Many of you likely know that my cohost, Yoel, had a difficult experience with a prospective job at UCLA. In short, he interviewed as a prospective spousal hire and was ultimately not offered the position. A graduate student petition, which may have played a significant role in the department’s decision, voiced concerns about views Yoel has expressed on the podcast, particularly his objections to diversity statements. You can hear about his experience in his own words here, and more information has been offered by UCLA faculty member Matt Lieberman here.
I’ve felt uneasy observing the responses to these events, which have sometimes devolved into anti-DEI rhetoric. Over the last few months, attacks on DEI have taken various forms in my neck of the woods: several states have banned education on LGBTQ topics, sometimes up to 12th grade, administrators have been fired for arguing that educators should be informed about structural racism, and at least one liberal arts college has been taken over by a governor bent on instilling it with Christian, conservative values. Perhaps unsurprisingly, I take issue with this line of argument being used to defend Yoel, and our podcast.
First, a quick caveat: given that these responses have typically been supportive of Yoel, and sometimes voiced by Yoel himself, I might come across as a bad friend for writing this. My view, however, is that meaningful friendships are ones that make room for this type of disagreement. I was sad to watch my friend get excited about a chance to live and work in the same city as his partner, only to feel blindsided when that opportunity was abruptly taken away. It seems clear from Lieberman’s post that the department neglected to following their standard voting procedures, a decision that was unfair to Yoel. Nevertheless, I think it’s important not to dismiss the concerns of graduate students and faculty members. Also, given that our podcast – a collaborative project for which we are both accountable – has been at the center of these discussions, I’ve felt an added responsibility to weigh in.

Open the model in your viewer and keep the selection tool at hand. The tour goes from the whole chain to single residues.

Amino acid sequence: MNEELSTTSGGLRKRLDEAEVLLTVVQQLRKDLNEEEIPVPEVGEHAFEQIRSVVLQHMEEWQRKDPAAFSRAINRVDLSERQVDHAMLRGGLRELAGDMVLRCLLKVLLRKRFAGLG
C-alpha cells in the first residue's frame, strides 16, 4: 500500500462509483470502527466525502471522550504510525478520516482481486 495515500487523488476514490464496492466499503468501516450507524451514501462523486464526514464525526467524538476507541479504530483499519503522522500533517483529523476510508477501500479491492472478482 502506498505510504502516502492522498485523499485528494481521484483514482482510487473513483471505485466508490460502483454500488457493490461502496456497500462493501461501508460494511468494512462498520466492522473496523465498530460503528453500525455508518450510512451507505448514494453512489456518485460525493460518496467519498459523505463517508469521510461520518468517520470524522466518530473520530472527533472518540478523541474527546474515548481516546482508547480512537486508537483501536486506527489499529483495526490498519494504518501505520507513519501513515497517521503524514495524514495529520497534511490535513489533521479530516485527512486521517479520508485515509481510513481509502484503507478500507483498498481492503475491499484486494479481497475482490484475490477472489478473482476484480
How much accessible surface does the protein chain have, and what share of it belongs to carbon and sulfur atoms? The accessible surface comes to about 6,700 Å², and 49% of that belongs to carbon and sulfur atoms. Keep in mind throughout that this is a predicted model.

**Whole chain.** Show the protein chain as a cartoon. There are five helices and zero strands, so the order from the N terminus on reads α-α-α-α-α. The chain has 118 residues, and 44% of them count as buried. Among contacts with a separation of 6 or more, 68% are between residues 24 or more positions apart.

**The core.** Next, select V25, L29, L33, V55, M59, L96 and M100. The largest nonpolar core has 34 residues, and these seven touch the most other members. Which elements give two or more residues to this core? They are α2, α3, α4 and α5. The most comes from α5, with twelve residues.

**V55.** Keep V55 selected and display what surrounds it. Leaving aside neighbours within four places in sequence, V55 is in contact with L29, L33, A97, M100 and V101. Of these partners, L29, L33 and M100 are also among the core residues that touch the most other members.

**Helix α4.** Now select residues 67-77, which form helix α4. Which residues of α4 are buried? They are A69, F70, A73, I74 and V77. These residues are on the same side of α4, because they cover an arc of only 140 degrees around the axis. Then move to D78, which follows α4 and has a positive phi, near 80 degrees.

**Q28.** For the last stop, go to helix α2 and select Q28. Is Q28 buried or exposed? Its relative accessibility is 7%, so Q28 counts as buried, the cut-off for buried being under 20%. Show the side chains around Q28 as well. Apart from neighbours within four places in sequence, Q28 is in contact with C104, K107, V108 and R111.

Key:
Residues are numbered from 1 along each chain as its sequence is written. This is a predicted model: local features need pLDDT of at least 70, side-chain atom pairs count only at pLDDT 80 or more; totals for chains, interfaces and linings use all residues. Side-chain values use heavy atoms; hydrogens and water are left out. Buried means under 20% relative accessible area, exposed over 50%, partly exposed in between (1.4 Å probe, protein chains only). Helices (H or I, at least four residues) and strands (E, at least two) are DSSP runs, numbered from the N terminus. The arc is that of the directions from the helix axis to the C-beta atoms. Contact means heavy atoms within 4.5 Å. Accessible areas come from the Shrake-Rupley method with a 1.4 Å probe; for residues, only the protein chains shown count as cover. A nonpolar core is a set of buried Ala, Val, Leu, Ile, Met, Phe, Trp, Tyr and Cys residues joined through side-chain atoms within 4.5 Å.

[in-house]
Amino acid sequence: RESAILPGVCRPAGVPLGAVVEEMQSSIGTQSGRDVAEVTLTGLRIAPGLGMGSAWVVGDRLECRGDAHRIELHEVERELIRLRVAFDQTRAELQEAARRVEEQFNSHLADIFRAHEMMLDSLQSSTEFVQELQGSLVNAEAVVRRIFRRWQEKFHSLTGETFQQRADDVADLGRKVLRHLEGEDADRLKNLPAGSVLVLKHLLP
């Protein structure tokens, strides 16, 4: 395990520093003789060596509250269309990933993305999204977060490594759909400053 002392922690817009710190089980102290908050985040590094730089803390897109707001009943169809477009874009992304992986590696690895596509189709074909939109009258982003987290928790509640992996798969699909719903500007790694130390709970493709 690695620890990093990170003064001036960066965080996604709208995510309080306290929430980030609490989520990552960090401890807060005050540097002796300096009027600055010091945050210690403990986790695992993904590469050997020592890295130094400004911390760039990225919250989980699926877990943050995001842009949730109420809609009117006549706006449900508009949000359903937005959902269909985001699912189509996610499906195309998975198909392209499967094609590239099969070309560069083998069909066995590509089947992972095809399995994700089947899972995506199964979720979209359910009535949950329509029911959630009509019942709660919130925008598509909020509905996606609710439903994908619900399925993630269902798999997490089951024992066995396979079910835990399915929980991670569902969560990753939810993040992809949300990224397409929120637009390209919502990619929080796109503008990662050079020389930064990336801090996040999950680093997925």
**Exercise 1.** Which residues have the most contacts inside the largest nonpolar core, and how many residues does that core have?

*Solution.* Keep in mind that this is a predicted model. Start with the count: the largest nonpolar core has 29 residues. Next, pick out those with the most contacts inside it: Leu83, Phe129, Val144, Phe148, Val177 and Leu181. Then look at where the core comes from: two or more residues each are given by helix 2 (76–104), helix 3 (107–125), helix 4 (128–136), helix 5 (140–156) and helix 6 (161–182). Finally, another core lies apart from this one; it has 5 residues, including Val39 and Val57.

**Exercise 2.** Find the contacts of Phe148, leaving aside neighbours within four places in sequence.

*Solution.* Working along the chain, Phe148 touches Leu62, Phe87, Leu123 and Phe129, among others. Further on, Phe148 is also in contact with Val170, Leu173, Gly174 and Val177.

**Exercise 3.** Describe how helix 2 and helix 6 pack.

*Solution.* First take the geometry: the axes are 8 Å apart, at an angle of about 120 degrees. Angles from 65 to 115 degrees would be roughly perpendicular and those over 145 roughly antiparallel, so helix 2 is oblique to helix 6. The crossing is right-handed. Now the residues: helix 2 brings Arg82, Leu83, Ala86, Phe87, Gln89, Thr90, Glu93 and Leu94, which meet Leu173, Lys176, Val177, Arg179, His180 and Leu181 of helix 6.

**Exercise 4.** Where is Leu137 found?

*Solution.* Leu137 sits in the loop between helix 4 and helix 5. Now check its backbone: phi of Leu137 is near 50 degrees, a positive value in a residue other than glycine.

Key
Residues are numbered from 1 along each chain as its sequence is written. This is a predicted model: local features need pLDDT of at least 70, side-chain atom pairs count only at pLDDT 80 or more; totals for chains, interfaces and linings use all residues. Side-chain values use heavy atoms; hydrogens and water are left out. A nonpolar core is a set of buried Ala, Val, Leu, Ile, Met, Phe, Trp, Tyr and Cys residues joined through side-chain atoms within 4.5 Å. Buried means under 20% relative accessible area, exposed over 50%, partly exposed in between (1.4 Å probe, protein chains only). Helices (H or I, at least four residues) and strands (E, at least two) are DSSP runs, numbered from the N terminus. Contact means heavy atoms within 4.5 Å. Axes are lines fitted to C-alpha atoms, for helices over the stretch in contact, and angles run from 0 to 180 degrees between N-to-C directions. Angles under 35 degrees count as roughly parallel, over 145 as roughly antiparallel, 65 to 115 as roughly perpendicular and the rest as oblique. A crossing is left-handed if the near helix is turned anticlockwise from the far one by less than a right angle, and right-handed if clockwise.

There are three types of responses to these events that I find most concerning:
Response #1: “Viewpoint diversity” is under attack.
First, I should admit that I cringe every time I hear the phrase “viewpoint diversity.” It’s not that I’m opposed to promoting a diversity of viewpoints; I think that’s a wonderful goal. However, almost every time I hear this phrase, at least in an American context, it is being pitched as a superior alternative to other types of diversity – like racial diversity, or gender diversity. For me, the phrase has parallels to “all lives matter.” In isolation it sounds ok, but as a catch phrase aimed at undermining the message that “Black Lives Matter” it starts to sound a lot more like a denial of racial injustice than a statement that has anything to do with the value of human existence. In the same way, calls for “viewpoint diversity” sound like an abdication of our responsibility to start correcting for a long history of racism and sexism within academia.